Something I got tired of doing recently was sending our weekly newsletter. Don’t get me wrong, the process of creating the newsletter is a thrill I wouldn’t miss out on: choosing the content from partners and industry experts, carefully combing through stock photos and creating imagery. Crafting the perfect copy for each section in hopes of driving our email engagement rate up…it’s fun.
The part I got tired of was the design. It was responsive, it was on brand, it was great. But to me, it just seemed a little outdated, as are a lot of things I look at every day (can’t wait to get a new pair of shoes!)
So I implemented a clean, sophisticated responsive email template our agency team recently put together for a Valentine’s Day giveaway. And I sent it out on schedule without alerting subscribers to the change.
My (naïve) hope was subscribers would be wowed enough by my subject line to open the email and then be surprised out of their pants and delighted enough to click all over it.
What happened was that the newsletter saw a 2ish percent jump in open rate and a 4ish percent lift in click-to-open rate. Good enough?
That’s what I thought until a colleague asked me, “What about the rest of those people…the ones who didn’t open?”
This was a good question, so in an effort to draw in subscribers who hadn’t seen our newsletter design makeover, I performed a test.
The Good Guys
First, I sent a regular email to those on our list who had opened the week before – the good guys.
My hypothesis was I’d get high engagement from these folks because (a) they had just engaged with me the week before (b) we normally see around the same number of opens – give or take a couple hundred – with our sends over the past few months.
I’m not saying these are the same people opening over and over again. Some days people may open our email and some weeks they may not. Maybe a subscriber is traveling all day and our email gets pushed down into the bottom of the inbox where he doesn’t go looking for it. But the next week, when he’s at his desk perusing his inbox, he sees the WhatCounts Weekly pop up and takes a peek.
Whatever the reason, a good amount of our engaged subscribers are opening our newsletter regularly. So I expected nothing different when sending the newsletter to this segment of our list.
Subject line: No pain, no gain?
Preheader: Dumping inactive subscribers doesn’t have to hurt. (This refers to the blog post promoted in the hero image of the newsletter.)
- 46% higher open rate
- 2.5% higher click rate
- About the same click-to-open rate
The open rate is a major jump (yay for creative subject lines), the click rate is higher, but the click-to-open rate, (CTOR), stayed the same. And in my book, as in any email marketer’s, CTOR is where the pedal hits the metal as the true measure of engagement. So maybe these guys aren’t so good.
The Bad Guys
Now onto the so-called bad guys: those people who didn’t bite. My provocative subject line hadn’t tempted these subscribers to open and admire our fabulous new design. So I dumped them into their own special segment and sent them their own special newsletter content.
The content wasn’t that different than the good guy template. The subject line and the preheader were the only differentiators, in fact.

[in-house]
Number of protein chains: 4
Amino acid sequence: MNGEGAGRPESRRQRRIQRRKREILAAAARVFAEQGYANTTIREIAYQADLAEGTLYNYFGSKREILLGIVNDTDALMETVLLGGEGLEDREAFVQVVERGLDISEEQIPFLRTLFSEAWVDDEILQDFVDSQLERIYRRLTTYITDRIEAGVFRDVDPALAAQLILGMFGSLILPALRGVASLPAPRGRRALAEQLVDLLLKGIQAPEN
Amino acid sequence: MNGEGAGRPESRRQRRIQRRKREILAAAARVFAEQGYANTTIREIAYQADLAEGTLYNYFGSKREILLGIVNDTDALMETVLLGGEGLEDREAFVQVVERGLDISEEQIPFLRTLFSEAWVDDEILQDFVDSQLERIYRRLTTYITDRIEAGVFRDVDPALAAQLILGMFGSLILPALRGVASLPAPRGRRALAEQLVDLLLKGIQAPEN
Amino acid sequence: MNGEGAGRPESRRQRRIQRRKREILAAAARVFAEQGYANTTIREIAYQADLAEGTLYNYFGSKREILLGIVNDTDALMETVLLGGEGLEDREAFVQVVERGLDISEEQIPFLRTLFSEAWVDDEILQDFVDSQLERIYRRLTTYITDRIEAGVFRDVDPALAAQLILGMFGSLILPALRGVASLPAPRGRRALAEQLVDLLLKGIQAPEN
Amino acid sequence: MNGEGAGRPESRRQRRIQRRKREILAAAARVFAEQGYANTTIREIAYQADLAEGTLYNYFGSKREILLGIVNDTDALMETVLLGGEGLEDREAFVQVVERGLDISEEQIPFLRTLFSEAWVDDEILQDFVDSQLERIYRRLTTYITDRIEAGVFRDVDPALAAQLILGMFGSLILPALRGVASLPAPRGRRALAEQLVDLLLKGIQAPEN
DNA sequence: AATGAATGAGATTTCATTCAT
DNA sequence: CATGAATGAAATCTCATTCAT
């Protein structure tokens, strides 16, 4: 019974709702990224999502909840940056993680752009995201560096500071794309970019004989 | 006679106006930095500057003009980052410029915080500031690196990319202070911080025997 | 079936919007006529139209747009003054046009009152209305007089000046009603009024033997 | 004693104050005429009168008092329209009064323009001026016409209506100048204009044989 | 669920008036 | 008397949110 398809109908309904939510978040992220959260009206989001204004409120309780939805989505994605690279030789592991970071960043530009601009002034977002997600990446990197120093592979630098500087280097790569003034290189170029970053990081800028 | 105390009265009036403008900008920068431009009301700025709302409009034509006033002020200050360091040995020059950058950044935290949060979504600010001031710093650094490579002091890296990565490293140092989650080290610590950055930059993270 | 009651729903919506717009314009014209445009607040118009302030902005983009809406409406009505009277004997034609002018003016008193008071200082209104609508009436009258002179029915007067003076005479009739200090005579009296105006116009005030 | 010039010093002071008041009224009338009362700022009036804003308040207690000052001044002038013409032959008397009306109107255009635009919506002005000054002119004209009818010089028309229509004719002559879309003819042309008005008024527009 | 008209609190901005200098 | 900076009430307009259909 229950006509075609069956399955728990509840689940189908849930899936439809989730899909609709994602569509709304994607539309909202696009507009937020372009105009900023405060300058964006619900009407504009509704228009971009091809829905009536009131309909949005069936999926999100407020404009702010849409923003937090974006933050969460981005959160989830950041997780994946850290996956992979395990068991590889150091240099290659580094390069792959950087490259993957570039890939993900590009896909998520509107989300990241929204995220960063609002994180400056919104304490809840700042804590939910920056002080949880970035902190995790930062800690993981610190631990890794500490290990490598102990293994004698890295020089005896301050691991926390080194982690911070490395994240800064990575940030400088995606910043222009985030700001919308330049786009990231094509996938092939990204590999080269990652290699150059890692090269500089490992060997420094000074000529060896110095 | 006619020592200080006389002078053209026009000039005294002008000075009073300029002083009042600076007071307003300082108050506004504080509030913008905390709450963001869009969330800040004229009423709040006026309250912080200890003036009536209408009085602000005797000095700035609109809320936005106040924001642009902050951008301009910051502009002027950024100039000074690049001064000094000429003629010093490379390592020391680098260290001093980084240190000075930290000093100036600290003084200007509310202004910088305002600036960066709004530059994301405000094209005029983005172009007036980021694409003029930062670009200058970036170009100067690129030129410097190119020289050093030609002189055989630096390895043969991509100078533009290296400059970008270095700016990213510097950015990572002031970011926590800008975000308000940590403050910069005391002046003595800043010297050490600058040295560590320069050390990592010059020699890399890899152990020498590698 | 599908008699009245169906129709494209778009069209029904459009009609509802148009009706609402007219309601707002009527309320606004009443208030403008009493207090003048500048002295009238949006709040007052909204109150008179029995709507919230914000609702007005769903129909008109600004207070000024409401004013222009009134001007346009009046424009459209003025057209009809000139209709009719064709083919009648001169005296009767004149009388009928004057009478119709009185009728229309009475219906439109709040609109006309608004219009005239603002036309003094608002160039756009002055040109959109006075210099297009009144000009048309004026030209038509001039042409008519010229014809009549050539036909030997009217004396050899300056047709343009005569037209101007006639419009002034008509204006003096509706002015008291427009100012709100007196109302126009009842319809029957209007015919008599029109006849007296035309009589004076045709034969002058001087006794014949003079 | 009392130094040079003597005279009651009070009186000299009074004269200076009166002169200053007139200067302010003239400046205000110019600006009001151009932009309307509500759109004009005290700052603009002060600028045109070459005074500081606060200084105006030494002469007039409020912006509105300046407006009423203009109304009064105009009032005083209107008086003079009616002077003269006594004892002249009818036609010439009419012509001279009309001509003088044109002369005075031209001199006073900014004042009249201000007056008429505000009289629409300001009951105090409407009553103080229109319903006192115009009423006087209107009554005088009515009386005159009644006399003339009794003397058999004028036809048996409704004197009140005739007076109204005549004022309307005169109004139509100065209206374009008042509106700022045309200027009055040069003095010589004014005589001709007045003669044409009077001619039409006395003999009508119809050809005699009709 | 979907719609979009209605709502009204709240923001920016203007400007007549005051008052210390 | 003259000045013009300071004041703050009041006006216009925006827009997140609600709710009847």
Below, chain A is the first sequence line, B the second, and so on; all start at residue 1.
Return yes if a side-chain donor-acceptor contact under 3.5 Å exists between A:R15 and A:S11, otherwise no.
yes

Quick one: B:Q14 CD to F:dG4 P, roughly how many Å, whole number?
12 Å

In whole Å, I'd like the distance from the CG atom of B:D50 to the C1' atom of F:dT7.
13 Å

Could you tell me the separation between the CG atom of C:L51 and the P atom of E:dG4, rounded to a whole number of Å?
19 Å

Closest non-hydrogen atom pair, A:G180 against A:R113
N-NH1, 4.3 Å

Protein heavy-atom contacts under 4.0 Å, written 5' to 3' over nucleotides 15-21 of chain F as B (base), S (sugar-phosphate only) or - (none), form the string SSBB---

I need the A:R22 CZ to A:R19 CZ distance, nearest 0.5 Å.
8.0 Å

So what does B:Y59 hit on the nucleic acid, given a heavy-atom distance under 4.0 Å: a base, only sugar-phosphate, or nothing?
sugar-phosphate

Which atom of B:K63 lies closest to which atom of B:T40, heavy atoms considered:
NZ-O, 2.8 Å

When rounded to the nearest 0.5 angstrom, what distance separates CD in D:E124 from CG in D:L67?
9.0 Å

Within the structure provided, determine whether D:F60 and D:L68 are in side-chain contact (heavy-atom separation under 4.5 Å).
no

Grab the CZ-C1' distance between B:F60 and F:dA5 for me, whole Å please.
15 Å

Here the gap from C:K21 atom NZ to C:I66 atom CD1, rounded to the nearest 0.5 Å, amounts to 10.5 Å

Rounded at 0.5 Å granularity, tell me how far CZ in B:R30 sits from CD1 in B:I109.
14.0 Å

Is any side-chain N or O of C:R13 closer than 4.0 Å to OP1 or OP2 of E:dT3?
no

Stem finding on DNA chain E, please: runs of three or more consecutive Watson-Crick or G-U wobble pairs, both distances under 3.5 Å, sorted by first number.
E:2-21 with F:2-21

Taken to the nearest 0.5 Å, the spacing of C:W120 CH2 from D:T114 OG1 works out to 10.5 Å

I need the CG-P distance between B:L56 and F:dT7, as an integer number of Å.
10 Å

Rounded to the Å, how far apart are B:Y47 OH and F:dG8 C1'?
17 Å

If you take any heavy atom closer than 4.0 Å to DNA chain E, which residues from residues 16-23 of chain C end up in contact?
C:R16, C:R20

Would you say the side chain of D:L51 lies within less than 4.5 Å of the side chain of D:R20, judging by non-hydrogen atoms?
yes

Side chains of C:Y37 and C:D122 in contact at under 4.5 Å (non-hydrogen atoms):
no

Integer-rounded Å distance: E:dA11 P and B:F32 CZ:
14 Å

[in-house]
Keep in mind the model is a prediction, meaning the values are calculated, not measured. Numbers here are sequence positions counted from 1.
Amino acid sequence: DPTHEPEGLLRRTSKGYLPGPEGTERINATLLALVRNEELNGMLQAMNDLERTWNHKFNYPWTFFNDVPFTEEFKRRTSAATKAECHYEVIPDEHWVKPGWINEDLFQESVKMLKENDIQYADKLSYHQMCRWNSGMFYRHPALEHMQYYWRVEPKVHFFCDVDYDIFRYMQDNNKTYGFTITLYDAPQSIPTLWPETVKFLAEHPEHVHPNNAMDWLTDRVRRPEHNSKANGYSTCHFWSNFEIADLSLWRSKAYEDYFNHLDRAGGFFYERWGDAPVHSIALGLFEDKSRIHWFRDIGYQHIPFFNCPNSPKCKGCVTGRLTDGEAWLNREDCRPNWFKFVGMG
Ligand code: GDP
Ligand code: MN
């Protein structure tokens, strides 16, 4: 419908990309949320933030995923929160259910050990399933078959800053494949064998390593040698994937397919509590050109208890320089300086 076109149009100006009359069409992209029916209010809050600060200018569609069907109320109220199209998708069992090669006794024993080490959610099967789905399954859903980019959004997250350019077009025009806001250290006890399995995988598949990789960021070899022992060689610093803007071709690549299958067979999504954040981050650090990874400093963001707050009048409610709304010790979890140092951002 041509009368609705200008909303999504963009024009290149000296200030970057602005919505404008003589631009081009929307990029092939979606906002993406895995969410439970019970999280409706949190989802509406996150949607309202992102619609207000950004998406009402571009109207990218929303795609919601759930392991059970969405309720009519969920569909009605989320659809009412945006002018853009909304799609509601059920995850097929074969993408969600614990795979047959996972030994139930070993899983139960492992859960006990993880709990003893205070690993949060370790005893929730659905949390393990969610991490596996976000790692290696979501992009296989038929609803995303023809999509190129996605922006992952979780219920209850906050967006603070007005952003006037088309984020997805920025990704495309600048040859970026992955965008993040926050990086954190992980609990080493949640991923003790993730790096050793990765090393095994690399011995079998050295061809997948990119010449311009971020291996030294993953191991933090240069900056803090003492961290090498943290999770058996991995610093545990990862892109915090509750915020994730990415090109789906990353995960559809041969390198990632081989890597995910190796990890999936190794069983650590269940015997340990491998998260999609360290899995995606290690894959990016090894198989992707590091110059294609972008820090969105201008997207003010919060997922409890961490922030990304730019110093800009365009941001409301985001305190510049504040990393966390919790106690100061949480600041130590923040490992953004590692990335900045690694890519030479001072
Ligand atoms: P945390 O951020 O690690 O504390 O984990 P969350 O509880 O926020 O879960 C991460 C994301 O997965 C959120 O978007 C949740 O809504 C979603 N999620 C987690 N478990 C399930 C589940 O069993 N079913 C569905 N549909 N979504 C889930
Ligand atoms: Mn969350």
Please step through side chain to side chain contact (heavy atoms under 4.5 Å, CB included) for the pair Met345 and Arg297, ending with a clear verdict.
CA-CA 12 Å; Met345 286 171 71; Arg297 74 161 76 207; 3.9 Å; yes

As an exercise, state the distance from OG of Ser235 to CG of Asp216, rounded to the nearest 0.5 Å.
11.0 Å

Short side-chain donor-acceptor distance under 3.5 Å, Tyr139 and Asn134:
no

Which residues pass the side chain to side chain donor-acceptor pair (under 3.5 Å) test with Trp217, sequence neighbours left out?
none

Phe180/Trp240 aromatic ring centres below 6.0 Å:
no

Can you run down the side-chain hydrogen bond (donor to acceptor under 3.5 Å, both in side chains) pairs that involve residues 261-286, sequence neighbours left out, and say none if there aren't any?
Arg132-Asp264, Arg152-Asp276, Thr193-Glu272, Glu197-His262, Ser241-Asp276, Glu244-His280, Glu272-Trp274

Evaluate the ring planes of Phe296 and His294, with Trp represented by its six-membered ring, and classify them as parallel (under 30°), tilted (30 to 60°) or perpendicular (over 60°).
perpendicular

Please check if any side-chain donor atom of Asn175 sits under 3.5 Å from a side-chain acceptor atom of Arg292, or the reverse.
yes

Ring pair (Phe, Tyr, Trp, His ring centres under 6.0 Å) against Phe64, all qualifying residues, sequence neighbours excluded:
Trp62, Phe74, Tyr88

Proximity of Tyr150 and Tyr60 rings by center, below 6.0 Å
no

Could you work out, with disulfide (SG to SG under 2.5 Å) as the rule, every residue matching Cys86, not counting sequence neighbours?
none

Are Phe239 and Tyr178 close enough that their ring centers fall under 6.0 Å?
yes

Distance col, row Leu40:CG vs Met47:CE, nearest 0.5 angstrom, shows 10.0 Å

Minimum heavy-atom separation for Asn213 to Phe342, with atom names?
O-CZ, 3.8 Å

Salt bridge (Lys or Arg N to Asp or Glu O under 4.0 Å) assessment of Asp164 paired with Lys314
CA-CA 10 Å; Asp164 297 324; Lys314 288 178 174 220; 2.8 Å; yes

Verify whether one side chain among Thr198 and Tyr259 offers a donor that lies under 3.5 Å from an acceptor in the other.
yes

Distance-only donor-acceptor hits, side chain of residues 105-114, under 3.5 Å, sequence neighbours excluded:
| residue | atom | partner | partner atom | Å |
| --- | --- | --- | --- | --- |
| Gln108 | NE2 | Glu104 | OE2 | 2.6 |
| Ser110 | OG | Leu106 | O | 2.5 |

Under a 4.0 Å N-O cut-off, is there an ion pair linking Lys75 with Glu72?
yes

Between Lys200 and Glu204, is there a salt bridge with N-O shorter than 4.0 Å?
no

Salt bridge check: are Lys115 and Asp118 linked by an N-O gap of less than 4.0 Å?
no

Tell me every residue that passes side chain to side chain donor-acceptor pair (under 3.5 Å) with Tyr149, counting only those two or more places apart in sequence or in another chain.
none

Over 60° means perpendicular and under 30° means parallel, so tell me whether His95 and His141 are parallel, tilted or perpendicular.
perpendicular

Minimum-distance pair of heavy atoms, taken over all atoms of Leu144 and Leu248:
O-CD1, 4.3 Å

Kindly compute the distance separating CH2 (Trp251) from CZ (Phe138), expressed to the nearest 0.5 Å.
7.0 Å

Subject line: Have you seen our new look?
Preheader: The WhatCounts Weekly got a makeover. Check it out!
No funny business here. It’s just down-to-business: Here it is, we have a new template. Look at it.
Did curiosity kill the cat? Maybe not, but it sure got a lot of non-openers to click yes on the newsletter.
- 4.5% open rate
- .4% click rate
- 8.7% CTOR rate
Doesn’t look impressive at first glance, but the fact 4.5 percent of subscribers opened when they hadn’t done so the week before is a win in my book. Compare this to our only 2.2 percent average open rate when we conducted a two-part re-engagement campaign last year with inactives on the same list.
And do you see that email engagement rate? An 8.7 percent click-to-open rate! This isn’t a surprise – with low open rates you typically see a much higher CTOR. Those few who are actually taking the time to open are more apt to click through, as well.
Not only were those non-openers curious enough to open the email, they liked the content inside it enough to click through.
I’m tempted to say I told you so to those non-openers who finally did open.
I got some openers to continue opening. And I got some non-openers to open and interact with our newsletter. I have a few choices as far as next steps:
(1) Go back to sending to the entire list.
(2) Keep sending different emails to these two different lists.
(3) Take those who opened this week on the bad-guys segment and add them to the good-guys segment. Then keep sending two different emails to the two different segments.
The subject lines and preheaders would remain the only difference between the two emails. And the subject line to the non-openers wouldn’t necessarily keep pointing to our new design. Something akin to “You haven’t opened me in a while” or “Do you even care anymore?” or “Hello, anybody home?”
The last option seems most intriguing to me. It could be a re-engagement campaign of sorts.
Is this a good or bad idea? What do you think I should do next?Digital & Social Articles on Business 2 Community